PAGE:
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2018 in Review: Nomar Mazara

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We’re now three seasons into Nomar Mazara’s MLB career. What did his 2018 hold and what do the trends say about his future?

MLB: Texas Rangers at Minnesota Twins Jordan Johnson-USA TODAY Sports


Morning LSB! Over the next few weeks I will be breaking down a few players and their 2018 seasons along with their future outlook and how it could impact future Ranger teams. The goal is to give a snap shot of what the data says about a player not, what my eye tells me about the players physical abilities, and where the concerns and hopes lie. Let’s start with a pretty divisive player around here in Nomar Mazara.

First off, it’s important to note that Mazara has not had a good start to his career to this point in his MLB career. The Big Chill has posted a career 92 wRC+ over three seasons, his highest being 96 in 2018. That makes him a below average hitter at a position that saw a median wRC+ of 122 among qualified right fielders and a positional wRC+ of 106 in 2018. Another way to look at it is that over the past three seasons Mazara ranks 37th out of 39 qualified right fielders by wRC+; just ahead of Carlos Gomez and Jason Heyward. Nomar doesn’t provide any value with the defensive profile either as he’s been between a below average and average defensive RFer over the past three seasons as well. After positional adjustments he’s simply not a net positive to have handling a corner outfield spot and needs to provide surplus value with the bat to compensate, which he isn’t doing. Mazara just produced 1 fWAR in 2018 and just 1.5 fWAR over three seasons and 1720 plate appearances, well below the 6 fWAR an MLB average player would be expected to produce over three seasons.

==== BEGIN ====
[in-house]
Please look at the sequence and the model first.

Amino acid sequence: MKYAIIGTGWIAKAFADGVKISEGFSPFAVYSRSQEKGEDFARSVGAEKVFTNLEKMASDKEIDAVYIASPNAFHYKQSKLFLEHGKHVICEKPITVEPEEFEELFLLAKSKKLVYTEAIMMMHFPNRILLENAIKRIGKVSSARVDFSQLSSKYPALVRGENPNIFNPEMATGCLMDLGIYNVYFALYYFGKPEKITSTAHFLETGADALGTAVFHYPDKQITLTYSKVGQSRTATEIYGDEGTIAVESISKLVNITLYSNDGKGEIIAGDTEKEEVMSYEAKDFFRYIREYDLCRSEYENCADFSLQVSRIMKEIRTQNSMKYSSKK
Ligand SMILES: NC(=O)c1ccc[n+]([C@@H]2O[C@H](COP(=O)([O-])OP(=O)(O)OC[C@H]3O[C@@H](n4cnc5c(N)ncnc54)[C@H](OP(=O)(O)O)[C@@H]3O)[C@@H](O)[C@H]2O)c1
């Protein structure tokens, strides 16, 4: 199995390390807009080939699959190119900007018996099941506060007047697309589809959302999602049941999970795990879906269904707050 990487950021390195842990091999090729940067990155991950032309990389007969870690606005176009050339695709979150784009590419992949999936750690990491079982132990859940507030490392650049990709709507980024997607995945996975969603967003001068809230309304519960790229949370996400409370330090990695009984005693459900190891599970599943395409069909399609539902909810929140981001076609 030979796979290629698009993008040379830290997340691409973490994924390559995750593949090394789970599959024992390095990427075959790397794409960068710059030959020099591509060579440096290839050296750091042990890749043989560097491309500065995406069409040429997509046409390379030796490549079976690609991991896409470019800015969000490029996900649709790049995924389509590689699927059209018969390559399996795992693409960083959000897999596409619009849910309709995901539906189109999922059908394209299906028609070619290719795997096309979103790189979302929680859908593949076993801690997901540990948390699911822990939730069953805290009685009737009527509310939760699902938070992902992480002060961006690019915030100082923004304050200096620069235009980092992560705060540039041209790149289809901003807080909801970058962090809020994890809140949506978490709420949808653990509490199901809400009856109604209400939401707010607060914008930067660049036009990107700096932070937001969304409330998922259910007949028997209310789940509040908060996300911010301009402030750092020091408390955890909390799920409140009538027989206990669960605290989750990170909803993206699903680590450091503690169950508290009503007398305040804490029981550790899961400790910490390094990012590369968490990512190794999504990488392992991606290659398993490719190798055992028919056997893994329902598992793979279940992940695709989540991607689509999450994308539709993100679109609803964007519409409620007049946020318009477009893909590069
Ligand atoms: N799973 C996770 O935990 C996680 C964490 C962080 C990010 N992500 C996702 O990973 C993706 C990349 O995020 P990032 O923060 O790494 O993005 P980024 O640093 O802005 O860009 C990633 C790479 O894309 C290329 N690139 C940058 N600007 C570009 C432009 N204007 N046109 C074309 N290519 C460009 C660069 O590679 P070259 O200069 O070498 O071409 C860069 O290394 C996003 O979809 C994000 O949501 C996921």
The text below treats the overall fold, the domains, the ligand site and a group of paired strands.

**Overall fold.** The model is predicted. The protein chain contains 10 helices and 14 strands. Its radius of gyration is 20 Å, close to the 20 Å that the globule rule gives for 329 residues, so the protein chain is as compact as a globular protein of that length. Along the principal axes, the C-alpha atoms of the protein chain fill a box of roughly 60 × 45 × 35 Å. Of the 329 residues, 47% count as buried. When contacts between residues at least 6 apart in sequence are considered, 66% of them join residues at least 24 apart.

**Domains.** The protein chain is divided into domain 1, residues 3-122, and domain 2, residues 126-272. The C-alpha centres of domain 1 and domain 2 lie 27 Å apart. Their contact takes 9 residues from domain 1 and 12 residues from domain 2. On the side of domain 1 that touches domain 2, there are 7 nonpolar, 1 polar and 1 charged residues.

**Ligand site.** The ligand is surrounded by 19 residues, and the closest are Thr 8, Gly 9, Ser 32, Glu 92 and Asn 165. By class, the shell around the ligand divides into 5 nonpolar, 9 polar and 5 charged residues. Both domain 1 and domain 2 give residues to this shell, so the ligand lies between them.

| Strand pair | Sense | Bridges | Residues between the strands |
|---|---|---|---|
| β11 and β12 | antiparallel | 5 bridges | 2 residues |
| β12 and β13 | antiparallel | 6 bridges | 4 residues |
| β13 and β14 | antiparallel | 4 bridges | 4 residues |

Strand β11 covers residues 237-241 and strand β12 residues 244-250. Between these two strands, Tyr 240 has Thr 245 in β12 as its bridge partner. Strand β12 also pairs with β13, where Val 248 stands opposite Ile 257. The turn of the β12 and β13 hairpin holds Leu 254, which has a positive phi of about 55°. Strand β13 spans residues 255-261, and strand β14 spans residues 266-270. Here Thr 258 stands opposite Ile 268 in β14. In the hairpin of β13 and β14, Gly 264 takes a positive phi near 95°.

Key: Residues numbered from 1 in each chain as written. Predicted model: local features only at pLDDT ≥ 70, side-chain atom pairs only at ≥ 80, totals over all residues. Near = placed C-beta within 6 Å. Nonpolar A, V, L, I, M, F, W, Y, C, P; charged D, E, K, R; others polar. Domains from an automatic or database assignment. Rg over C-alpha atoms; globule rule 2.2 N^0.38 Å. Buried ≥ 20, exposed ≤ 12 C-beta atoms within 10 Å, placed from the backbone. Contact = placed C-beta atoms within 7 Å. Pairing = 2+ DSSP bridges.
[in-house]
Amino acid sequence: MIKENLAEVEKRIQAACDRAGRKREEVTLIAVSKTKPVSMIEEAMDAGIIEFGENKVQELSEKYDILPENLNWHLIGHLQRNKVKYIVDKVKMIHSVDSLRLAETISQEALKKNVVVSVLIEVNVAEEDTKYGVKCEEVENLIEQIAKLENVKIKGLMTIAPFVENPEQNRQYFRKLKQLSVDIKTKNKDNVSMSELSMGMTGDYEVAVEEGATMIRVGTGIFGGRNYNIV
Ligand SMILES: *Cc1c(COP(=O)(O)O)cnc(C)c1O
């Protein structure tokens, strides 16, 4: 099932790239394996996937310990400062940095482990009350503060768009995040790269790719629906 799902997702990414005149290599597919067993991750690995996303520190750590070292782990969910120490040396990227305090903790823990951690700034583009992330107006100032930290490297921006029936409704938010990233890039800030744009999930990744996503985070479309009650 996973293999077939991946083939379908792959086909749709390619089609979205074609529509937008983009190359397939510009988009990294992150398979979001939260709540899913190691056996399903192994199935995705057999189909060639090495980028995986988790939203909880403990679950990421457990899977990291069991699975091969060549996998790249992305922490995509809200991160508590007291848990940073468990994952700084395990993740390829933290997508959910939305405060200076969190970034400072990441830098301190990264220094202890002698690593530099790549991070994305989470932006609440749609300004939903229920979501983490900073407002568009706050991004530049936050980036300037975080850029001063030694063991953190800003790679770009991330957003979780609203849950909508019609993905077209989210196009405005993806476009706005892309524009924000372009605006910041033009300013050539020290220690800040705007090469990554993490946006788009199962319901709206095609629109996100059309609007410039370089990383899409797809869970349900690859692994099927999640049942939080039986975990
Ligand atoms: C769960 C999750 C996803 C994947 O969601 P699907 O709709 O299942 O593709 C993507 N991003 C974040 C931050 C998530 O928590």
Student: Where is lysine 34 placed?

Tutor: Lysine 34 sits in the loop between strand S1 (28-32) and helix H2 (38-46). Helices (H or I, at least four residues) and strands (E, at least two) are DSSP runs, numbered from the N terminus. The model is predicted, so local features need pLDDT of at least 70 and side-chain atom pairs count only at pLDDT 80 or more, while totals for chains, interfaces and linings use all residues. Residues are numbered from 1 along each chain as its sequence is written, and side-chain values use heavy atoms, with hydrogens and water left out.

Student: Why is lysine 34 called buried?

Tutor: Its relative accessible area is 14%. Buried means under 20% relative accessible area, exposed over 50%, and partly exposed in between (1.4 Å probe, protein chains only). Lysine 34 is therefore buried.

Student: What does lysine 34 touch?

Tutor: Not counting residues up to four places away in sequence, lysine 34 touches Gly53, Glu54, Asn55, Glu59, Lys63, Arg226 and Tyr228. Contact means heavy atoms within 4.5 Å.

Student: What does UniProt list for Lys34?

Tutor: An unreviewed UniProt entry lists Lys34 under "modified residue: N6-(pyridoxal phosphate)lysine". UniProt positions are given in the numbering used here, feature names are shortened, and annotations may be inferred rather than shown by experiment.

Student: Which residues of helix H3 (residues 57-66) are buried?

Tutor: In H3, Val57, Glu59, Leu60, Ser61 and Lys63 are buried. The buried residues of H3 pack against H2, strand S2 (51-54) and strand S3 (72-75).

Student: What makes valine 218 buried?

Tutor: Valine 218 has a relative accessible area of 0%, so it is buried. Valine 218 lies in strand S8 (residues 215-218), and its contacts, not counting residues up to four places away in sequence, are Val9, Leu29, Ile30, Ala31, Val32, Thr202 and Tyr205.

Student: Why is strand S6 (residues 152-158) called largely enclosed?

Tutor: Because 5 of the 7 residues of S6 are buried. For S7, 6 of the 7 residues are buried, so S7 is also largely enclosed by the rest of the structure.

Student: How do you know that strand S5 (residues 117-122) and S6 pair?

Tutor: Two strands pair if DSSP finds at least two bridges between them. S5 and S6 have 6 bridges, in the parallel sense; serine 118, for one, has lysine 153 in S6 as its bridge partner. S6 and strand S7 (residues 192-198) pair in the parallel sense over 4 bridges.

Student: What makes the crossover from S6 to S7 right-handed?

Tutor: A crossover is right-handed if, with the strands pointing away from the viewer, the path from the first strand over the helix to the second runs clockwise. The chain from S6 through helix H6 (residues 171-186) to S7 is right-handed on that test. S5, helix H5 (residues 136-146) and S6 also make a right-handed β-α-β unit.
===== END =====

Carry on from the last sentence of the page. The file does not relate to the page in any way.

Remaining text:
Breaking It Down

Before looking into the data, let’s briefly talk about what Mazara’s physical abilities should allow him to be in an ideal world. Mazara possesses excellent hand-eye coordination, which along with a fluid swing allows him to make contact around the plate. He is explosive and quick in the hips and wrists which helps him generate plus bat speed and tremendous raw power without getting too long. Lastly, Mazara has the ability to pick up different pitch types consistently and make hard contact against different speeds and breaks. With those things in mind, it can be frustrating to watch a player that talented consistently find below average results and the question is raised; why?

Mazara has the ability to hit the ball as hard as almost anyone in the MLB and occasionally will show it off in games as he had the 9th hardest hit ball in 2018 at 117.1 MPH per Statcast. Despite the ability, he hasn’t show the consistency as his average exit velocity is “merely” above average. There are some quality hitters in that area just above mediocrity though; Bryce Harper and Anthony Brendon both sported average exit velocities of just 0.01 MPH faster than Mazara’s average of 90.5 MPH. There’s obviously something that is separating Mazara’s batted ball outcomes from Harper’s, but what exactly is it?

Take a look at these two charts from Baseball Savant:

Nomar Mazara Chart
Bryce Harper Chart

*I am not comparing the two as players, just their batted ball profile to highlight why two guys who hit the ball hard at similar rates can have such different outcomes.

What immediately jumps off the map is how many balls Mazara put at a negative launch angle compared to Harper. Harper’s hardest contact consistently comes off the bat at a much more optimal angle for offensive output while Mazara has as many balls he gets on top of as he does flares, solid contact, and barrels combined. Mazara’s batted ball profile is partially due to his approach as he doesn’t look to drive the ball in all situations. Unfortunately this leads to situations where he shortens up in favor of contact over power and he often puts balls in play that should have been taken or fouled off. There are numerous advantages to at least increasing the number of pitch counts and situations he’s looking to drive the ball in.